When I had started out in tech (around 1998), printers were an indispensable part of one’s tech arsenal. They cost a fair bit and were not easy to set up (driver problems abounded), but were needed in an era where bandwidth restricted just how much information one could send across and where the “show me it to me on paper” mentality prevailed. We used to print out long reports and courier them across to other cities – e-mail did not support hefty attachments and online sharing websites were quirky. Printers were VERY much needed. Also Read - HP Pavilion 13 Review: A good thin and light laptop, that could have been better
So when HP were walking me through the latest innovations in their ePrint technology and range of printers, I could not but appreciate the irony of the situation. Yes, the technology itself was uber cool – the printers could connect to the Internet over Wi-Fi or using a cable connection without being plugged to the computer, you could print over Wi-Fi or even better, just send a mail to the printer and it would print it out. There were even apps that were running on the printer, letting you access certain sites and print information from them using a touchscreen tablet-like panel on the printers – and you could download more apps, just as you could on a phone or tablet. If we had been shown this kind of stuff in the nineties, we would have thought we had died and gone to tech heaven. Also Read - Best laptops under Rs 40,000 in July 2021: Mi Notebook 14, Asus VivoBook 14, and more
The ironical part? Ah, just this – printing itself is on the way out. I know that statement is going to stir the blood of thousands of people, but as my BGR mate Rajat Agrawal pointed out very bluntly indeed, the only time most people need to print information today is for legal reasons. One prints out legal contracts, airline tickets, certificates and the like. But the “print to share” concept has steadily become history. Sending information by e-mail is a lot more convenient, you can also share information by putting it on Google Docs or a sharing site like Box.net. Books and manuals are being increasingly read online and onscreen. One no longer even prints out photographs but slaps them on Facebook or Flickr. The stand-alone PC ain’t the only gadget threatened by the cloud, printers are in line too. Also Read - Amazon Prime Day sale last day: Best affordable student laptops available under Rs 30,000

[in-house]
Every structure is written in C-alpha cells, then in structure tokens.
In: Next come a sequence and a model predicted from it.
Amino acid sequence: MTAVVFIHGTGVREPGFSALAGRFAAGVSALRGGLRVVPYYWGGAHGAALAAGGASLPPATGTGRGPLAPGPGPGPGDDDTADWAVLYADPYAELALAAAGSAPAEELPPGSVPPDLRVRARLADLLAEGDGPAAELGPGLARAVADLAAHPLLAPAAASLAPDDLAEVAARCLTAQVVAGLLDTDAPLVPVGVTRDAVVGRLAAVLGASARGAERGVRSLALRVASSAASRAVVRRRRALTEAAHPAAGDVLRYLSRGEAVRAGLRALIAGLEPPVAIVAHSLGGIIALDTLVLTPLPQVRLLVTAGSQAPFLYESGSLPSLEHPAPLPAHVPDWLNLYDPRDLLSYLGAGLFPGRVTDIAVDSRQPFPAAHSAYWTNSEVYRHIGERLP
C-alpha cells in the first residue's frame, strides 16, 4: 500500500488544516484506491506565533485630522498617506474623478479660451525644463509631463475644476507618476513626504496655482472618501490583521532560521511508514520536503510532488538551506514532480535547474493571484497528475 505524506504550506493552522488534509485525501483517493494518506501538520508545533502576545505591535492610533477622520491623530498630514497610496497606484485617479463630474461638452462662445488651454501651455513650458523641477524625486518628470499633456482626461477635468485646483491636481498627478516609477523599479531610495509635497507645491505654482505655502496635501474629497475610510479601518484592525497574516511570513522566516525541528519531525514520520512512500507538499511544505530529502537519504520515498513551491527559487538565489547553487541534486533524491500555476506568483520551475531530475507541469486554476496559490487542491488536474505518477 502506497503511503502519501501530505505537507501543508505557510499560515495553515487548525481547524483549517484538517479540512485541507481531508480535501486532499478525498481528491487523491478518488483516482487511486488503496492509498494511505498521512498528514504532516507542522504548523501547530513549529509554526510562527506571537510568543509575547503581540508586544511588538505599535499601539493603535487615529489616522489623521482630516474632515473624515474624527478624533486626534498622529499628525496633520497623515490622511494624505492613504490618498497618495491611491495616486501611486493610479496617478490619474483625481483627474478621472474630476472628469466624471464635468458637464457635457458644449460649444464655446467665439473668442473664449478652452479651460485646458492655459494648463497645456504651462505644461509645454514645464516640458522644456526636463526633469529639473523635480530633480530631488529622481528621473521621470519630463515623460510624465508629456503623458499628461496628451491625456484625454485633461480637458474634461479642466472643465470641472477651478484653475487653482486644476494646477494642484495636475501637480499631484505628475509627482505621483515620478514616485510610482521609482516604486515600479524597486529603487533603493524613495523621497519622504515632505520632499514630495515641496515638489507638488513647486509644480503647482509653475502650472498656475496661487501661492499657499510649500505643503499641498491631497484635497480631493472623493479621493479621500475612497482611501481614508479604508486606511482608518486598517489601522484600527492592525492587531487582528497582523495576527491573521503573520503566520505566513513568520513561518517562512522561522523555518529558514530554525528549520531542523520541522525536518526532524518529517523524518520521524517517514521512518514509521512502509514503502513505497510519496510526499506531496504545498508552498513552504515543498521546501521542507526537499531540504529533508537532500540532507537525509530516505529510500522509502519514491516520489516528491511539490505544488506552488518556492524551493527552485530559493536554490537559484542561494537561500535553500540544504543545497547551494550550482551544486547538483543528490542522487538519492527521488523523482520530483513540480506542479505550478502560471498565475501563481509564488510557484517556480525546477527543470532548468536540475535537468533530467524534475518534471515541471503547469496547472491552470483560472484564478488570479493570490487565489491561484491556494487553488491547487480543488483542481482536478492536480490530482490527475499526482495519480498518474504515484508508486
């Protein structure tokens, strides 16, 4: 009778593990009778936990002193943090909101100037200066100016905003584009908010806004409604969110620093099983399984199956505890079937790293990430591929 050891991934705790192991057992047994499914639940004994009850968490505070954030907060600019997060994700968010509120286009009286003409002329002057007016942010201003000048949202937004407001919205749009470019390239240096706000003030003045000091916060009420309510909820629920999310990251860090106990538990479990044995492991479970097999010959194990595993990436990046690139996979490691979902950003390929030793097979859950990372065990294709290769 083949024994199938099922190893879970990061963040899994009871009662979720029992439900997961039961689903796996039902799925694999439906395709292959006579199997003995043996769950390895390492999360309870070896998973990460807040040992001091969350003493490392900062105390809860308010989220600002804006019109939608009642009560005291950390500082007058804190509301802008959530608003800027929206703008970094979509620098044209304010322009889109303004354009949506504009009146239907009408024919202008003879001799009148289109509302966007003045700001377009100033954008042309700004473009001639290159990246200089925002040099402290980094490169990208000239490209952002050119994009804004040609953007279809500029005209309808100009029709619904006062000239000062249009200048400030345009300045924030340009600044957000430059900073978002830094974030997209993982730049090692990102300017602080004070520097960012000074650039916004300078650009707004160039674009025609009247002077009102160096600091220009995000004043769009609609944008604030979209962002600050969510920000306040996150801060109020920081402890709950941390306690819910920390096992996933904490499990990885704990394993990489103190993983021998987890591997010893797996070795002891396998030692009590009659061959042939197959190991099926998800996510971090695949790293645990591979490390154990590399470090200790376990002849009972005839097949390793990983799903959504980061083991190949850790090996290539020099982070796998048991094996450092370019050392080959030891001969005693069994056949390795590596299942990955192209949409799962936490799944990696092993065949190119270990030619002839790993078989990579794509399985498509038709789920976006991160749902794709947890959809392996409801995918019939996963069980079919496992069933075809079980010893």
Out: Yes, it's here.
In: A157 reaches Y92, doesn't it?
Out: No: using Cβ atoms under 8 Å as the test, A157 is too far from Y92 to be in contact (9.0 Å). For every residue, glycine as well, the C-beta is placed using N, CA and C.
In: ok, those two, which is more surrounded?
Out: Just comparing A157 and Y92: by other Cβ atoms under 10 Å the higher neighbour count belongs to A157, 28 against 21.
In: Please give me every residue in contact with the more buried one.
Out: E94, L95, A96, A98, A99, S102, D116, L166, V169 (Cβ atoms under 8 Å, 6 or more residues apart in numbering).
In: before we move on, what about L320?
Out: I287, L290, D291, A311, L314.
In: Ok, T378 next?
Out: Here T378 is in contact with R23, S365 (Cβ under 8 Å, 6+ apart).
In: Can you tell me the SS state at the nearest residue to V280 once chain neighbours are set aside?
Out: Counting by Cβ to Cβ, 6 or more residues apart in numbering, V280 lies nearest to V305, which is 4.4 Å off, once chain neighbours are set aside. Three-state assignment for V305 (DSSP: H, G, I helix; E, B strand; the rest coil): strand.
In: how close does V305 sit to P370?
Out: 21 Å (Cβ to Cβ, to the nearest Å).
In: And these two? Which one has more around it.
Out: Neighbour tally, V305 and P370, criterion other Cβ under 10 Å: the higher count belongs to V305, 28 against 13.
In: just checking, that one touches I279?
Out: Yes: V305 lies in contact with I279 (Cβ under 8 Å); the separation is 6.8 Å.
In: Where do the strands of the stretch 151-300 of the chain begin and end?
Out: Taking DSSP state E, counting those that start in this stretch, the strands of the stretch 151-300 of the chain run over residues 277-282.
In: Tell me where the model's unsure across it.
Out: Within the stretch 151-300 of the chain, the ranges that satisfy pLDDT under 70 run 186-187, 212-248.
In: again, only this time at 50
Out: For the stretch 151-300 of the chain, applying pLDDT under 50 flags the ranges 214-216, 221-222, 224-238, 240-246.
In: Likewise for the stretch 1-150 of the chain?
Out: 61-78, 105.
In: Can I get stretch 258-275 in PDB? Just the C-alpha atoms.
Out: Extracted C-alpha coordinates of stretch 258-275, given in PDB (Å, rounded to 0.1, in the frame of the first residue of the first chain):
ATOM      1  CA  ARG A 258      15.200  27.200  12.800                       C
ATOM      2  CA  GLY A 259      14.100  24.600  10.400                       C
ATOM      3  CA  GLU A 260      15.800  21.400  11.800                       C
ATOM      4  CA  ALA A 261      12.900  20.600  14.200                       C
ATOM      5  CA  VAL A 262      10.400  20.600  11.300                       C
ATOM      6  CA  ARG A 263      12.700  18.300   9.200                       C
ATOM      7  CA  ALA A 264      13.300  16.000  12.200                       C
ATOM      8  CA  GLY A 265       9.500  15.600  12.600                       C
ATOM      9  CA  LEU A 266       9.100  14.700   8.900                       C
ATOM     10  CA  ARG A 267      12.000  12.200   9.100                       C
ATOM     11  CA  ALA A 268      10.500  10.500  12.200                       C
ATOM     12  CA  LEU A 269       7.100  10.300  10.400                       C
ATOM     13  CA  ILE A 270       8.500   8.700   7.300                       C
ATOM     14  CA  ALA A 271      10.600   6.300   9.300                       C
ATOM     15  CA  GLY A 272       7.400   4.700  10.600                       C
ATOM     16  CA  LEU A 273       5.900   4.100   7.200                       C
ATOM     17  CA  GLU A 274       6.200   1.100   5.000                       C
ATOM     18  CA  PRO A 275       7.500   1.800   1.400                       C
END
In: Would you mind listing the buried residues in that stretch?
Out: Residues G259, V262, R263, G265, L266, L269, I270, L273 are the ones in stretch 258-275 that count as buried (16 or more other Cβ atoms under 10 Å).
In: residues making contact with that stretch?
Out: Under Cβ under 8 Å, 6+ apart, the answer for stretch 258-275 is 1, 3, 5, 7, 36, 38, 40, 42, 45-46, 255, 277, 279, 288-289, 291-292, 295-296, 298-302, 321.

Which is not to say that HP’s ePrint tech is out of time and out of place. Nope, we are sure that it will be welcomed in offices and institutions that stubbornly refuse to go paperless (and there are many of those in India). It is also nothing short of brilliant for those of us who need a printout in a jiffy and do not have a computer handy – we can now print from any device that can send an e-mail, so forget about drivers, USB ports and the like. The only problem is that we just do not need to print as often as we did a few years ago.
We have better printing technology than ever before, but much lesser to print. And the tablet revolution is not going to help matters by making even more content mobile. All of which makes one realise that the biggest challenge the printer business might face is not the technology to print, but actually the rapidly decreasing amount of content that needs to be printed. Yes, the Sudoku app on an HP printer lets me print out puzzles and solve them, but heck, I can solve them just as easily and with lesser fuss on my iPhone or tablet!
We love your printing innovations, HP. All we ask for is more reasons to print.